Scott Crawford: I think maybe just overall, there have been other films about hardcore punk in the ’80s and they’re all great films. But I just felt like it didn’t always capture my experience. I wanted to show that DC was unique in a lot of different ways, and the music was just a part of that, but I think there were just other factors at play that made it what it was. I wanted to address some of the misconceptions about the city, whether it was the straight-edge thing, or the politics of it, and I wanted to do that with a fair amount of humor, because that’s another thing that’s always talked about about the city at that point, which that it was just a very humorless, uptight city.
Tone Madison: It’s funny first coming to Black Flag and Minor Threat as a casual fan and getting this picture of them of being really serious, and then later coming across stuff like that Henry Rollins spoken-word bit where he talks about screwing off at work with Ian MacKaye.
Scott Crawford: I just wanted to show them as kids who just discovered this stuff. And they were all working at the pet store or Haagen Dasz or the movie theater. A lot of those photos that you see from back then, they’re so iconic, it’s kind of like when you look at those Blue Note photos from the 1950s with John Coltrane with the smoke and the black-and-white. As a kid, I used to picture just how that must have been.
I missed a lot of [really early D.C. punk] stuff. I didn’t start going to shows until [after Minor Threat broke up]—I had missed Minor Threat’s last show and stuff like that. But they did seem really tough, and just a lot of these guys just seemed like tough guys to me, just sort of larger-than-life, and then you meet them and you talk to them and you realize they’re really funny, smart people.
Tone Madison: In the course of making the film, was there anything that surprised you, anything you hadn’t picked up in your prior experience?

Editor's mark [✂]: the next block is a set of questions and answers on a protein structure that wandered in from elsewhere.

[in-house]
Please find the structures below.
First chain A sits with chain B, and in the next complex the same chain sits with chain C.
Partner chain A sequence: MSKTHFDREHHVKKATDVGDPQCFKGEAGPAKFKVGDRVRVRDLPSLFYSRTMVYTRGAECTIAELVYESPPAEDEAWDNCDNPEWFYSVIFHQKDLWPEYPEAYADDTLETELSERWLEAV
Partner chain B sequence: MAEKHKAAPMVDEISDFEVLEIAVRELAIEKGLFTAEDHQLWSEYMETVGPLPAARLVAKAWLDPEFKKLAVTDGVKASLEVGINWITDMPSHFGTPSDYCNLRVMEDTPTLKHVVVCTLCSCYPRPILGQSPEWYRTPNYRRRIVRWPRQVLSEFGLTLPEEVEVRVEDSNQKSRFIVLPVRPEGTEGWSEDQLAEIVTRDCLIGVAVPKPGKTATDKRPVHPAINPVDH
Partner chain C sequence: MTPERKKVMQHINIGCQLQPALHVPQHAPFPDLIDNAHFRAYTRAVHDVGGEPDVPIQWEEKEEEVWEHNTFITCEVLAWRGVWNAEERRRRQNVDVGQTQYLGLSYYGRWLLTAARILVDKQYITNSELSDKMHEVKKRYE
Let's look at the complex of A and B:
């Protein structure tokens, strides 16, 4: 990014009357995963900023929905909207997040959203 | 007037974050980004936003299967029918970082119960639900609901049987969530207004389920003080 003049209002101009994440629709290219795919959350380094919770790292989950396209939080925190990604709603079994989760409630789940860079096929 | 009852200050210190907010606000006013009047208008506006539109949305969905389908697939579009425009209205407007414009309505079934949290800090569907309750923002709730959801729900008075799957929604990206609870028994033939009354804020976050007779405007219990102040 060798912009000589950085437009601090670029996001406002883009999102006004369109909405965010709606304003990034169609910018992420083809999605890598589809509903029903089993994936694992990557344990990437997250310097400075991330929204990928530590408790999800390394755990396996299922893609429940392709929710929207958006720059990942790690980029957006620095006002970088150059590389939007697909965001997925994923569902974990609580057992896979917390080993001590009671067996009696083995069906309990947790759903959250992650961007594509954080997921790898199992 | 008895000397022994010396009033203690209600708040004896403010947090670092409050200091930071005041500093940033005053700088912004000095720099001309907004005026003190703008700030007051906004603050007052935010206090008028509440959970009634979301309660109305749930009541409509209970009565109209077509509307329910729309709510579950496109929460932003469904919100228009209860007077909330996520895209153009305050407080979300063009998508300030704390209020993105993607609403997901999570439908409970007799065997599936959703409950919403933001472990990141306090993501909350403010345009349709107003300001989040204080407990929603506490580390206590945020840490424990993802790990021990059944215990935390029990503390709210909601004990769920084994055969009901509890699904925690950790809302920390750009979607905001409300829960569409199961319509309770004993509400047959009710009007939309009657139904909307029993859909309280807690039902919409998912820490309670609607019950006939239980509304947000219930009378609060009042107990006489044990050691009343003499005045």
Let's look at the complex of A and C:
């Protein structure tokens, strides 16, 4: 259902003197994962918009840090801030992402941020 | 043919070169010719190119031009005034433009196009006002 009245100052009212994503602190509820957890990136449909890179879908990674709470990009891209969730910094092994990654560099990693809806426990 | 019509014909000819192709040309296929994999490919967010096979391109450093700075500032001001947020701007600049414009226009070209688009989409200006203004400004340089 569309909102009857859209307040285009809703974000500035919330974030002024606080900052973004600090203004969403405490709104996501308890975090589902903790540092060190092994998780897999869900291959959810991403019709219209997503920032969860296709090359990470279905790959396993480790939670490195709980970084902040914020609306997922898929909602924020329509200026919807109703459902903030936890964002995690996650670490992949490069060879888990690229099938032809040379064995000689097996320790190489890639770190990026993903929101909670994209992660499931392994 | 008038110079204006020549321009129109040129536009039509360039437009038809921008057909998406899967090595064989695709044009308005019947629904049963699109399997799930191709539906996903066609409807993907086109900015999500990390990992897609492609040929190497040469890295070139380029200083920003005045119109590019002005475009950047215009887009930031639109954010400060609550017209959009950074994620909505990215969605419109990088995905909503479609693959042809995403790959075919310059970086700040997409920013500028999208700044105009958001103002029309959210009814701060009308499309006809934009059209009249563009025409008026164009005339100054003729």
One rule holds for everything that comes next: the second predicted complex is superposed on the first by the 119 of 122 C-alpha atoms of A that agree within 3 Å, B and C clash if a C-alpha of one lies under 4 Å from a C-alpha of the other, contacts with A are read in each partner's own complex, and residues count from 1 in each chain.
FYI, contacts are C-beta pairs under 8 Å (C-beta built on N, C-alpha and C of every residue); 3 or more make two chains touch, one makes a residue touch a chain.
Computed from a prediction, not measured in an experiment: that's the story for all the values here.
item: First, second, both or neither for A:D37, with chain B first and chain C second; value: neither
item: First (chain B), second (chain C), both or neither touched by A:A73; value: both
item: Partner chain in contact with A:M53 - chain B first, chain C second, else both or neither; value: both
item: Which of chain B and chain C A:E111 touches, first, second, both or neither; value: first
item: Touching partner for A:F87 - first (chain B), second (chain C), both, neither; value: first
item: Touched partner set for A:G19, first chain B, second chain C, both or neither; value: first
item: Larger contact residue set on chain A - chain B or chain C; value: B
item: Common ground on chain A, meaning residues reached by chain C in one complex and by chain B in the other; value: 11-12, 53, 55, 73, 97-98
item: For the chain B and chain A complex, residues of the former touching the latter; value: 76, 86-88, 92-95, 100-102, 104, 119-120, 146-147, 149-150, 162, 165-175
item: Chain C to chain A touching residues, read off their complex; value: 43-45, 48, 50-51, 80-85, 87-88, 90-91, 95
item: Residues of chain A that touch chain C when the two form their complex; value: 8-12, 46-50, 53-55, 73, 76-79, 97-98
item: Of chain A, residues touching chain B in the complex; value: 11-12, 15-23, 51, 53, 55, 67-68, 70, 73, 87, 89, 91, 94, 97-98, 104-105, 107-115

Scott Crawford: Not really. If there was was thing that surprised me, it was when it came time to talk about the role that Positive Force played in the scene. At the time, everyone was very on board with it, especially if you were in a band, because if you wanted to play, chances you were going to play a Positive Force show, because there just weren’t that many clubs that were playing punk rock. It was interesting for me to hear them talk years later about how, “Well, we weren’t always entirely comfortable, playing on these bills for causes that we weren’t entirely either aware of or knew much about or even were in agreement with.” That was interesting to me, and you see some of that play out in the film. The Minor Threat stuff I thought was really interesting, especially how, again, you’re looking back at something 30 years ago and everyone’s got their own version of what happened. It’s interesting to hear how people saw that last Minor Threat show. You have John Stabb saying it was really sad and horrible, and then you have Ian MacKaye saying, “It wasn’t that bad, it was a pretty good show.”
Tone Madison: Did you get a chance to interview Bad Brains?
Scott Crawford: That was a difficult one to pin down. Geographically, two of them are in upstate New York, and they were on tour, and every time we were going to do it, it just never came together. [Vocalist] H.R. tried a couple times and it just didn’t really work out well, so I just felt like, OK, let’s let the music illustrate just how powerful they were and have people like Ian and Henry talk about how much it changed their lives. It would just be a different take, as opposed to having a bunch of people talk about—that Bad Brains documentary, I don’t know if you saw that, but I just felt like on top of everything else there was just so much media attention on Bad Brains, at least when I started, so I kind of just wanted it to leave it to others to talk about their legacy.
Tone Madison: The film really does focus a lot more on the people and the social context of this community than on the music itself, or the individual bands themselves. Was that a deliberate choice?
Scott Crawford: It was, yeah. I wanted it to be a little different. I wanted it to be paced a little differently than your average punk-rock documentary, and I wanted it to focus more on the people and the community and just how the geography of the city and the backdrop of it played into the music, and how it shaped these people.
Tone Madison: Do you have any interesting extras planned for the DVD?
Scott Crawford: We’re working on that right now, actually. I’ve got a bunch of live stuff that’s never been seen that will be on there. I’ll probably be doing a bunch of outtakes from interviews that didn’t make it into the final. There’s so much good stuff. It was really hard to cut stuff. There will be a bunch of outtakes, a bunch of live footage, and there might be a slideshow or something, because Jim Saah, the director of photography, a lot of the black-and-white photographs you see in the film, he shot, and they’re so beautiful and I’d like to maybe do a slideshow.